Michalis Kamburelis edited this page Jan 8, 2017 · 16 revisions
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These are CommandLine examples for PasDoc.

Simple examples

Create documentation using the default settings

pasdoc someunit.pas
  • someunit.pas will be searched in the current directory

  • verbosity is set to 2

  • no conditionals are defined

  • include files will be only found if located in the current directory

  • title will be empty

  • output format will be HTML

  • output path will be current directory

  • language will be English

  • any comment in the source will be used for the documentation

  • filenames will be generated using the form unit.type.html

  • member visibility will be set to protected,public,published,automated

Create documentation in German

pasdoc --language de someunit.pas

like above, but documentation will be in German. Of course this only applies to the parts of it generated by PasDoc, your comments will not be translated.

Create documentation in a subdirectory

pasdoc --output documentation someunit.pas

This will generate the html files in the subdirectory "documentation". The directory must already exist for this to work.

Use only ** style comments

pasdoc --staronly someunit.pas
pasdoc --marker=** someunit.pas

These two commands are equivalent. PasDoc will generate documentation only from the comments starting with {**, (*** and //**. Other comments are ignored.

Use a different comment marker

pasdoc --marker=: someunit.pas

This will generate documentation only from comments starting with //:, {: or (*: so any normal comments are ignored. This makes PasDoc compatible with some other similar tools like Time2Help.

Ignore a comment marker

pasdoc --marker=: --marker-optional someunit.pas

This will not require the marker : but rather use any comment and discard any leading :. Use this if you want to include any comments in the source code but without having an annoying : in front of each comment.

Search for include files in path

pasdoc --include ~/include someunit.pas pasdoc --include c:/include someunit.pas

The first example will search for include files in the subdirectory "include" of your home directory (under Linux of course).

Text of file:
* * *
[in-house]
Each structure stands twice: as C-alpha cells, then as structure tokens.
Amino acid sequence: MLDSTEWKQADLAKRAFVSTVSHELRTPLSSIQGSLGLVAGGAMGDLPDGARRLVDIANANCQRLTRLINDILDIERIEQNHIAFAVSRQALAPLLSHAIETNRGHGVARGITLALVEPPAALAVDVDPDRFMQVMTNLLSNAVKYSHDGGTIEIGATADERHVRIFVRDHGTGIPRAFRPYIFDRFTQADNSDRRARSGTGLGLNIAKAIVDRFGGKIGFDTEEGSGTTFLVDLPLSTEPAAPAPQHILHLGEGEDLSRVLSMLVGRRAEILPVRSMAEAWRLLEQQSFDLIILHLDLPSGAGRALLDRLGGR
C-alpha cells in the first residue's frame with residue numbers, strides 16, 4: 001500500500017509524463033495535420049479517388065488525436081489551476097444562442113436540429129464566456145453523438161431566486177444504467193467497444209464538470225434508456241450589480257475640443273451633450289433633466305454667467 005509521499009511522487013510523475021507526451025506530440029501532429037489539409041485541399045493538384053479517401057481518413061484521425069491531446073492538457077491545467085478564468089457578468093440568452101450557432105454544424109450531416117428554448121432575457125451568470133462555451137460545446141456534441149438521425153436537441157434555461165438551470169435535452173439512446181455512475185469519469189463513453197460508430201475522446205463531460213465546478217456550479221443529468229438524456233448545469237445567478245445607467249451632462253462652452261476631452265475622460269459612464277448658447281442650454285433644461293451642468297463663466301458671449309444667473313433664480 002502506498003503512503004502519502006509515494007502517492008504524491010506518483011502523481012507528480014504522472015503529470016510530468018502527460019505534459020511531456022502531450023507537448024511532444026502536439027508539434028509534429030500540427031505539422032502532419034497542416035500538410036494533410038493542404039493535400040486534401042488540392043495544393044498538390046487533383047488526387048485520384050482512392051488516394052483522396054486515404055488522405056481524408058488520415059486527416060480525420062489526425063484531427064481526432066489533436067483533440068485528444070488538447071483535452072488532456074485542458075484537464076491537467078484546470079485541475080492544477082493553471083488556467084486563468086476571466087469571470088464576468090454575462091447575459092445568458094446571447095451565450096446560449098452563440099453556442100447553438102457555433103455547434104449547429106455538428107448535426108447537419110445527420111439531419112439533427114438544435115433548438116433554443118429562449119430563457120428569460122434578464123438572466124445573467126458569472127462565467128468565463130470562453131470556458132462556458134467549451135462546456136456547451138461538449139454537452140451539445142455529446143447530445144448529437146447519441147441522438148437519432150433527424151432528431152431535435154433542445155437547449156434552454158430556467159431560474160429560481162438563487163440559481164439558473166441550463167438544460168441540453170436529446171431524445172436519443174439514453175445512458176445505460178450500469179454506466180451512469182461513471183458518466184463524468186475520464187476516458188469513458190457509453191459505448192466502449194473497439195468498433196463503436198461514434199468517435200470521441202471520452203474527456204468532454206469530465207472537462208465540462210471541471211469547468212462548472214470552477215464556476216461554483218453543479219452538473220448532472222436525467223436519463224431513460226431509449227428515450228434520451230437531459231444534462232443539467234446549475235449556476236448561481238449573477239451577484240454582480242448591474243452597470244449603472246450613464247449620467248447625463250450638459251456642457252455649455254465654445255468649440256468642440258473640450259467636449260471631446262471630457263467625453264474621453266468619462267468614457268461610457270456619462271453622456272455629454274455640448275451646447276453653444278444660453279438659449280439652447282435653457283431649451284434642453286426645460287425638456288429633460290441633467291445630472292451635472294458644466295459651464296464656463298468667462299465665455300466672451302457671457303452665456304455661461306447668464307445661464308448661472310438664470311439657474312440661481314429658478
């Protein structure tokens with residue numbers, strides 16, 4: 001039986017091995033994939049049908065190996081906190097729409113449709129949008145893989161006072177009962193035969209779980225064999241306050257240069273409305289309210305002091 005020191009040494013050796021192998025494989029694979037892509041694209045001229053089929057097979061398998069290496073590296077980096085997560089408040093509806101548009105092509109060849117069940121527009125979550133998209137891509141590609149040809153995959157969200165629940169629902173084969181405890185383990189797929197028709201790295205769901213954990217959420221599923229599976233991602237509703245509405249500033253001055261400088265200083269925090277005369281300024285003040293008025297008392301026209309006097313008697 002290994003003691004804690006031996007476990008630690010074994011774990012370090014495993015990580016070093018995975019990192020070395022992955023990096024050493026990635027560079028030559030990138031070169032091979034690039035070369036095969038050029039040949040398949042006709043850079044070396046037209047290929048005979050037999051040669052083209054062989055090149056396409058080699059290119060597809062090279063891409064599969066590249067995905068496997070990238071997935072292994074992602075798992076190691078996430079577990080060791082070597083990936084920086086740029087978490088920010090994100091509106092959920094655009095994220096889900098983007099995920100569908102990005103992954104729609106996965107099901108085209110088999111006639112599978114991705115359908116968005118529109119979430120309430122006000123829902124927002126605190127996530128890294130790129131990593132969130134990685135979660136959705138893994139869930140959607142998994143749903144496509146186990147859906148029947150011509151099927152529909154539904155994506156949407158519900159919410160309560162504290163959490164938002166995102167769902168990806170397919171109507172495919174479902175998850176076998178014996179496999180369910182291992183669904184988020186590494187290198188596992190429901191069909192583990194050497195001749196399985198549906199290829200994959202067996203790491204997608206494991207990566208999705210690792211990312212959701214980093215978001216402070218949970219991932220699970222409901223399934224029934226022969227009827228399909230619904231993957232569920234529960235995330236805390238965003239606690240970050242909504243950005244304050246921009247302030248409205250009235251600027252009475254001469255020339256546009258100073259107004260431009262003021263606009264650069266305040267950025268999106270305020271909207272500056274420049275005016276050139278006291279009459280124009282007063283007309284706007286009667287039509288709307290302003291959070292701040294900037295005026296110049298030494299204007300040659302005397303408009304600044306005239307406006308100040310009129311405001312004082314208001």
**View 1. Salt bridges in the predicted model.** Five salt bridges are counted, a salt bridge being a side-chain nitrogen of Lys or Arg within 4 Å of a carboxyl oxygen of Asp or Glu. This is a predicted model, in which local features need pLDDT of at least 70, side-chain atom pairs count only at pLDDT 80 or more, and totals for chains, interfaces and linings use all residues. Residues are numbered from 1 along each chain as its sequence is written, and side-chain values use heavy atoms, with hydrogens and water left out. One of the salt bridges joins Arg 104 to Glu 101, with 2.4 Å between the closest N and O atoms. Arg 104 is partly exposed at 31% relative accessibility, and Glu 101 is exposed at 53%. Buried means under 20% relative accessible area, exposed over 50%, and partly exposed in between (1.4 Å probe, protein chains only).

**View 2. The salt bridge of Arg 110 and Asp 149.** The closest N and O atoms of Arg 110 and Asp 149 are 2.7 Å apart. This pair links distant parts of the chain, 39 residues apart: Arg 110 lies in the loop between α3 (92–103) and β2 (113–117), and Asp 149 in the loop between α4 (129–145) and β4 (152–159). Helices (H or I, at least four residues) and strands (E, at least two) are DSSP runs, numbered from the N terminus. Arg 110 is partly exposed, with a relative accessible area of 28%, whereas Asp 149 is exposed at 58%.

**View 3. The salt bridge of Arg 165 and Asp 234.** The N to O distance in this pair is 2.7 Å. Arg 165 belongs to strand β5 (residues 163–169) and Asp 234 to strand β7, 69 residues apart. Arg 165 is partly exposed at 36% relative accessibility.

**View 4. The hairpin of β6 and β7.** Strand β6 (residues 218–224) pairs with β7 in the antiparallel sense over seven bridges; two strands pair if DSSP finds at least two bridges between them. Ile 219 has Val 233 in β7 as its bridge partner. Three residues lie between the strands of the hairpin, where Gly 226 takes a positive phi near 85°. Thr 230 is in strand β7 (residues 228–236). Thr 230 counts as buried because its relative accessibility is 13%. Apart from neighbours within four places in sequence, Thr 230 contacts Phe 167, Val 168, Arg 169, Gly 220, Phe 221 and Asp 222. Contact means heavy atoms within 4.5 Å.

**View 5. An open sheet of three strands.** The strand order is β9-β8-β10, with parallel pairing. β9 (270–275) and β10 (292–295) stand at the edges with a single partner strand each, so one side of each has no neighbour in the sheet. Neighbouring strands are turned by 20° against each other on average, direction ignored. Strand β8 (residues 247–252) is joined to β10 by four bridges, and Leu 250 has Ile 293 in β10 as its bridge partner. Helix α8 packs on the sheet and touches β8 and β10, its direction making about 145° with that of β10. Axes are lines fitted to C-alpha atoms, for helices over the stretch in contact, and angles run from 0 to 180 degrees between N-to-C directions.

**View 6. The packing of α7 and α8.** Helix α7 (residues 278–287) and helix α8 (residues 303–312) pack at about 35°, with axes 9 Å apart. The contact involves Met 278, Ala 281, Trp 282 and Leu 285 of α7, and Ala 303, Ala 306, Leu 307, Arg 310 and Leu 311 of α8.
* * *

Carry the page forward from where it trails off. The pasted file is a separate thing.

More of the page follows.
The second example will search for include files in the directory "c:\include".

Multiple include directives

pasdoc --include /usr/local/include --include ~/include someunit.pas

PasDoc will in this case search for include files in all directories in the order they are specified.

Include debug code

pasdoc --define debug someunit.pas

Assuming you enclose your debug code with {$ifdef debug}…​{$endif} the example will include documentation on any debug code. Defines are not case sensitive.

Complex examples

Johannes example

Here is a script that I use for one project:

PasDoc \
 --output=doc/ \
 --write-uses-list \
 --visible-members=protected+ \
 `find source/ -iname '*.pas'` \
 --abbreviations=AUTHORS \
 '--marker=**' \
 --marker-optional \
 "--title=My Great Project" \

Lets go through this. First of all, you must know that this is a bash script, so the backslash at the end of the line just means to continue in the next line with parameters. The $@ means that parameters passed to this script are added at that point to the PasDoc parameters.

I want to use this for internal documentation, so I add protected members to the output using --visible-members=protected+. The find source/ -iname '*.pas' part is a Linux command to find all files named '*.pas'.

In my code, I use things like @author(johannes)` or @cvs($Author$) and therefore use an abbreviations file, it contains the following line:

johannes Johannes Berg <>

I imported some code into this project that used '**' as a marker, I do not use any marker, so I just want to ignore the ** markers, and put it as a marker together with --marker-optional.

The title is in quotes completely because it contains spaces.

PasDoc autodoc

PasDoc sources are parsed by PasDoc itself. Resulting documentation is available for viewing on PasDocAutoDoc page. You can see how this is done in PasDoc sources in source/autodoc/Makefile.